10 Software-Defined Networking Architectures, September 27, 2013 Software-defined networking is a hot topic for debate in the industry. Experts argue about the best way to implement it, the ways it might affect network engineers and administrators, and how it might disrupt the traditional power structure in the networking industry. While there are a lot of opinions about this emerging technology, there's one inescapable fact: SDN has brought new attention and innovation to the network. To get a view into the various approaches to SDN, we asked 10 vendors to supply images and short descriptions of their SDN technology. While there's some marketing fluff in some of the write-ups, the images provide a window into the wide range of technical approaches to SDN.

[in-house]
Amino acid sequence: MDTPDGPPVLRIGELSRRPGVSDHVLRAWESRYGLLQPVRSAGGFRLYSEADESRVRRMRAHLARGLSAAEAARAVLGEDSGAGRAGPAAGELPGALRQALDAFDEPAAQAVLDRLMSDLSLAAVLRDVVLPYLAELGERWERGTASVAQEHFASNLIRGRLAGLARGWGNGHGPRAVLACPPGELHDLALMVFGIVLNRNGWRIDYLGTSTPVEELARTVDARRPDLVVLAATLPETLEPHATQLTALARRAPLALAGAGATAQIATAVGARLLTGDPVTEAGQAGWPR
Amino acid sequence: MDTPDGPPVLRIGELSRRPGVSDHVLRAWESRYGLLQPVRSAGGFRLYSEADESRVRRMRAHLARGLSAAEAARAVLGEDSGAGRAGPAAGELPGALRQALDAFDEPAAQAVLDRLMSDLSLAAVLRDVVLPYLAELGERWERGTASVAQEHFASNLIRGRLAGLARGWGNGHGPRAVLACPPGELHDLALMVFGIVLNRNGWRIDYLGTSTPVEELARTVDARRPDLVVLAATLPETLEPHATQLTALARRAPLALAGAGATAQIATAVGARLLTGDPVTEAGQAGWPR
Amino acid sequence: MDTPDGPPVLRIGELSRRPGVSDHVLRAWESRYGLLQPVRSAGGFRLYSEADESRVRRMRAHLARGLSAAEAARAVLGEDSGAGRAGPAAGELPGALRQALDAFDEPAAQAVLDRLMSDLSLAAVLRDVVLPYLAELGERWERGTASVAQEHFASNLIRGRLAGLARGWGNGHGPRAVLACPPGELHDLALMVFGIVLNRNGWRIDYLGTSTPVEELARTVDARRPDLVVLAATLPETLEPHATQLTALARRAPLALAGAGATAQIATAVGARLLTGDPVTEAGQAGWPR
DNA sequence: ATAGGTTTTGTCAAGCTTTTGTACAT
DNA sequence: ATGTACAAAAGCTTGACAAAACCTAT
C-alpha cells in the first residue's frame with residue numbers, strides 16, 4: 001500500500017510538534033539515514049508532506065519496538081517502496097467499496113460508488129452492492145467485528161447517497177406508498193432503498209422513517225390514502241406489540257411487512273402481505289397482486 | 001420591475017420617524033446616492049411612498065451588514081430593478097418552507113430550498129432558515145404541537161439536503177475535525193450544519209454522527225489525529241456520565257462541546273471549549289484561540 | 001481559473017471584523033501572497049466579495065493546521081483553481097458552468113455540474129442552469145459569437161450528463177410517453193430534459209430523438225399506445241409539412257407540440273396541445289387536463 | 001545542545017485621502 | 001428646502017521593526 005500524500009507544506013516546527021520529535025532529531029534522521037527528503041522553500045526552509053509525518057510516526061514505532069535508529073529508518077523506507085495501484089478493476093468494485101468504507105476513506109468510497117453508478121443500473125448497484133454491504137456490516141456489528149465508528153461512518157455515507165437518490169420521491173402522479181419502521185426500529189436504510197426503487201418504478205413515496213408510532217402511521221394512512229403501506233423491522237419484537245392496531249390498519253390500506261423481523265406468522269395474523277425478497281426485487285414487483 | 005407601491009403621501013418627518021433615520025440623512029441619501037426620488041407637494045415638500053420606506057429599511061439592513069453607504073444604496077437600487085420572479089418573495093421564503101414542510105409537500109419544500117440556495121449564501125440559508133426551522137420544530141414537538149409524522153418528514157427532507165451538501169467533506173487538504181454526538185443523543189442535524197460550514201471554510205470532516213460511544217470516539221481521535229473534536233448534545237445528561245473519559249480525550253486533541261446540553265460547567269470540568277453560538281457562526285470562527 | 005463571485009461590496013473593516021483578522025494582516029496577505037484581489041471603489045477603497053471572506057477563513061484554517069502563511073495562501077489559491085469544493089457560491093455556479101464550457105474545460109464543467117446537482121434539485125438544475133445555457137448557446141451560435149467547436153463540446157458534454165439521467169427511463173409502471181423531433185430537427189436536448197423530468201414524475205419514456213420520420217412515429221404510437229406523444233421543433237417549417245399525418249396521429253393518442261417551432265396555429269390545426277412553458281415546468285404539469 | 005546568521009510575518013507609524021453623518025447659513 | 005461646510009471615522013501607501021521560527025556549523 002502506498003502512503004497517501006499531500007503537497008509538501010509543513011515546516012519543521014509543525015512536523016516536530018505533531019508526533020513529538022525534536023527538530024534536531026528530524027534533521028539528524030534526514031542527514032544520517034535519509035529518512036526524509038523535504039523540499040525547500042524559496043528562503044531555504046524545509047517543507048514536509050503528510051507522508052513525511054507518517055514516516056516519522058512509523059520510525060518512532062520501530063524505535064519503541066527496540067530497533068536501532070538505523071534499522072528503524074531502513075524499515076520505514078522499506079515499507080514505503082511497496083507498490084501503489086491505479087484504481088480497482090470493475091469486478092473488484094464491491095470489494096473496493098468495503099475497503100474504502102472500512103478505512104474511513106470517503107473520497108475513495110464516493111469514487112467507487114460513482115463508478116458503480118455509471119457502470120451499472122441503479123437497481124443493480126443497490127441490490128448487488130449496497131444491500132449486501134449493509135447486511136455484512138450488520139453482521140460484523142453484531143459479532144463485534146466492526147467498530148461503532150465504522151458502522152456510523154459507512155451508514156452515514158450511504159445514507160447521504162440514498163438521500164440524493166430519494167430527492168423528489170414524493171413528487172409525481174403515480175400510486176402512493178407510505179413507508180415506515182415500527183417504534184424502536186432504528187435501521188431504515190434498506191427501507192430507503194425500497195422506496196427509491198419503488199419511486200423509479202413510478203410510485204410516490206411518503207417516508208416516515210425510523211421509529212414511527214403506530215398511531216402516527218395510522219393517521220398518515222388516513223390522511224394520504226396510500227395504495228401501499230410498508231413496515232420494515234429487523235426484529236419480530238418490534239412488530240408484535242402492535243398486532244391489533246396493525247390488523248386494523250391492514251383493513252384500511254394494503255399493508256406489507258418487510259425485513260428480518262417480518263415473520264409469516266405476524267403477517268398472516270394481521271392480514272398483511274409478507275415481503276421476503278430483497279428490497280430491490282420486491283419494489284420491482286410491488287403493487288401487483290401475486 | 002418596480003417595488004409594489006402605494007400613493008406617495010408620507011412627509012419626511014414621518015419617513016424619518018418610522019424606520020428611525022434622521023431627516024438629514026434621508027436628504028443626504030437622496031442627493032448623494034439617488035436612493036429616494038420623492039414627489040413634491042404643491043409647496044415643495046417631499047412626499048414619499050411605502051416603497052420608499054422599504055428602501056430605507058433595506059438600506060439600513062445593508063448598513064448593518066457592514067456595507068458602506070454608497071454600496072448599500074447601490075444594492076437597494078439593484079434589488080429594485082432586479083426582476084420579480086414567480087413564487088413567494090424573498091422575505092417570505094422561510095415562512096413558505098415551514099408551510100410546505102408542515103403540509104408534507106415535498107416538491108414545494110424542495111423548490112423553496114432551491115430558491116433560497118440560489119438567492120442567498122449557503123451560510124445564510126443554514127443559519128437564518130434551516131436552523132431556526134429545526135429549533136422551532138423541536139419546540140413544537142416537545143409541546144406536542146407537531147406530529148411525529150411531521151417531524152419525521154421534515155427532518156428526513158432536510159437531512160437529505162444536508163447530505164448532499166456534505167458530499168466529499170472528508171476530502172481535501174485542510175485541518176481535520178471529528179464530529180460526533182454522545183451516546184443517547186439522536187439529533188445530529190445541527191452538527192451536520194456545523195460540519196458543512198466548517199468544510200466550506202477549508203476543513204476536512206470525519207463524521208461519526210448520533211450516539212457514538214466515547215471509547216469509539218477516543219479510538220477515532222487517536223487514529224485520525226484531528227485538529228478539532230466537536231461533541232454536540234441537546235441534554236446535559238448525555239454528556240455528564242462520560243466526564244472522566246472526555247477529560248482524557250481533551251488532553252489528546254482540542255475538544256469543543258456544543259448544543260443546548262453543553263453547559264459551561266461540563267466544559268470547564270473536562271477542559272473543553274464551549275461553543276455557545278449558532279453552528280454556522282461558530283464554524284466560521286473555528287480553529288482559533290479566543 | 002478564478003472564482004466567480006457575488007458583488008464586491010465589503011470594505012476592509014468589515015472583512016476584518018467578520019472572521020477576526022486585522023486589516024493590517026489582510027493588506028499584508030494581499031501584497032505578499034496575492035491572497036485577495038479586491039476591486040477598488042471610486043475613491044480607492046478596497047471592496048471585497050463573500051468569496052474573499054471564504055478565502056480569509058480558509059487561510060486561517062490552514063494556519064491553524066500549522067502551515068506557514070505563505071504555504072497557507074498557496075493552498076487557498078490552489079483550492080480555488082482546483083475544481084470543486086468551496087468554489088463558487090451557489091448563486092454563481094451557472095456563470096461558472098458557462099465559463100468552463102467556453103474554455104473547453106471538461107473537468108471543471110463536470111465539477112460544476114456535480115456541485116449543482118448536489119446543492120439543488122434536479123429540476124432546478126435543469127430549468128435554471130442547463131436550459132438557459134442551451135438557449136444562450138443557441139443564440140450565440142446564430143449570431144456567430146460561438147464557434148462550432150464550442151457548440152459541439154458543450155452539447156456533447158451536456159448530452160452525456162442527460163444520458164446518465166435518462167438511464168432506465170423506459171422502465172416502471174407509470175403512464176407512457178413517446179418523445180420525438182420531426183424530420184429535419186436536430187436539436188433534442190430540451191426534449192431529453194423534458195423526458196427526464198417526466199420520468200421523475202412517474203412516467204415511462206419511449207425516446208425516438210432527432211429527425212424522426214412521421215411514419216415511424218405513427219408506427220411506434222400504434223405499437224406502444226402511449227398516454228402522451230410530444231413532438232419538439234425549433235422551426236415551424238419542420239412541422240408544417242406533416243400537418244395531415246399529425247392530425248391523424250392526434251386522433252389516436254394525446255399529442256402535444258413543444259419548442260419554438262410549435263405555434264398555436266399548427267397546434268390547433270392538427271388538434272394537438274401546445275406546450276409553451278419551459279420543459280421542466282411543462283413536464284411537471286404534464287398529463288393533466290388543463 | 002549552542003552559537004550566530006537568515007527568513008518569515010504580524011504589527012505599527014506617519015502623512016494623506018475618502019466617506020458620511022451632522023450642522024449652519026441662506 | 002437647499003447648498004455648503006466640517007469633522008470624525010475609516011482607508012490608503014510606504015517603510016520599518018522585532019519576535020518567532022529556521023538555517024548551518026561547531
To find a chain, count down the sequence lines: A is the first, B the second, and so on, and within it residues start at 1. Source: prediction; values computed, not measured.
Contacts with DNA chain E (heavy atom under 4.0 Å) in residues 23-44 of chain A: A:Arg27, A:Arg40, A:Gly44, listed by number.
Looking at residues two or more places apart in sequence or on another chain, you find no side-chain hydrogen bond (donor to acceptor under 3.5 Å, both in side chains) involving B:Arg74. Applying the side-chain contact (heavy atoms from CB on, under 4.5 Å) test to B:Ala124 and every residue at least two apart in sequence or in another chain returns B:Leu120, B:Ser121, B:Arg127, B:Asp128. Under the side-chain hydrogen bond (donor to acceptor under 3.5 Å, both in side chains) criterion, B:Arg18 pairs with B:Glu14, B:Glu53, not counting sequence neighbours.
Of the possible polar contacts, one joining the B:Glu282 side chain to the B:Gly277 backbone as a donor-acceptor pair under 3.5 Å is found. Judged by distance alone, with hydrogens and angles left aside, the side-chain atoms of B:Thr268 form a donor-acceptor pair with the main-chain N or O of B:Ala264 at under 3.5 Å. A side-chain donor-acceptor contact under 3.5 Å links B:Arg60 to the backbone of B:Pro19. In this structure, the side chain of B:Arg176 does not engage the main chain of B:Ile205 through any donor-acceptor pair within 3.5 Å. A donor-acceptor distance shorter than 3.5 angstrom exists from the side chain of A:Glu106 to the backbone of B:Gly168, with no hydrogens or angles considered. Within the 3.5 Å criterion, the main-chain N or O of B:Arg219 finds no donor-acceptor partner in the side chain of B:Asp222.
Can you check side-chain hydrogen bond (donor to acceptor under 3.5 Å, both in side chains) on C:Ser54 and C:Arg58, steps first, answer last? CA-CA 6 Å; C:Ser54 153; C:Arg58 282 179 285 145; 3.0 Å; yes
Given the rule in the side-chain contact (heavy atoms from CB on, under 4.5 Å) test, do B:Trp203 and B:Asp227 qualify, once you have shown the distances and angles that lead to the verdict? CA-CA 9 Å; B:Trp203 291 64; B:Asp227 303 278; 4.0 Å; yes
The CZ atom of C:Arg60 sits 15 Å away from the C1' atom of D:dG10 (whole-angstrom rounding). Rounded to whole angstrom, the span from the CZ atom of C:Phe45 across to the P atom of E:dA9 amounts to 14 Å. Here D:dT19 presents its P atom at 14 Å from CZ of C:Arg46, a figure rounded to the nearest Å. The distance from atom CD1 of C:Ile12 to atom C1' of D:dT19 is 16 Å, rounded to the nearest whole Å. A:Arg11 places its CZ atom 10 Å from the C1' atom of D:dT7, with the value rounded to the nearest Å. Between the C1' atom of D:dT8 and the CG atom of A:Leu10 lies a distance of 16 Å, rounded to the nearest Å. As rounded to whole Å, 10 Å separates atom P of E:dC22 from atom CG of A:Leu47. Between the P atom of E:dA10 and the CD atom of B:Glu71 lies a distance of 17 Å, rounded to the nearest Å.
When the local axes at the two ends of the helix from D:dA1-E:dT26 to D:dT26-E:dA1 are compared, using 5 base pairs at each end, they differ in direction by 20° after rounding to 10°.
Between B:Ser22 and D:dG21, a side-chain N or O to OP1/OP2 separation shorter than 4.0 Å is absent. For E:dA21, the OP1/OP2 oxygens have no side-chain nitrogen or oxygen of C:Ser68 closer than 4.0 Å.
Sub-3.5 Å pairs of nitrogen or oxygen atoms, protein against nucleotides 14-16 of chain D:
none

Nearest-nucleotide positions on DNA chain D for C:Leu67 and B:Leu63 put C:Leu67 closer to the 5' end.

IBM SDN VE
IBM Software Defined Network for Virtual Environments creates a virtual network for virtual machines. This virtual network is decoupled and isolated from the physical network much like a virtual machine is decoupled and isolated from its host server hardware.
IBM touts several advantages with this approach:
- Virtual networks can be created without any changes to the existing network.
- Since the physical network does not have to be changed, it can be wired once.
- Provisioning and administration can be simplified and automated.
- IP and MAC addresses can be reused, permitting logical separation of networks for multi-tenancy.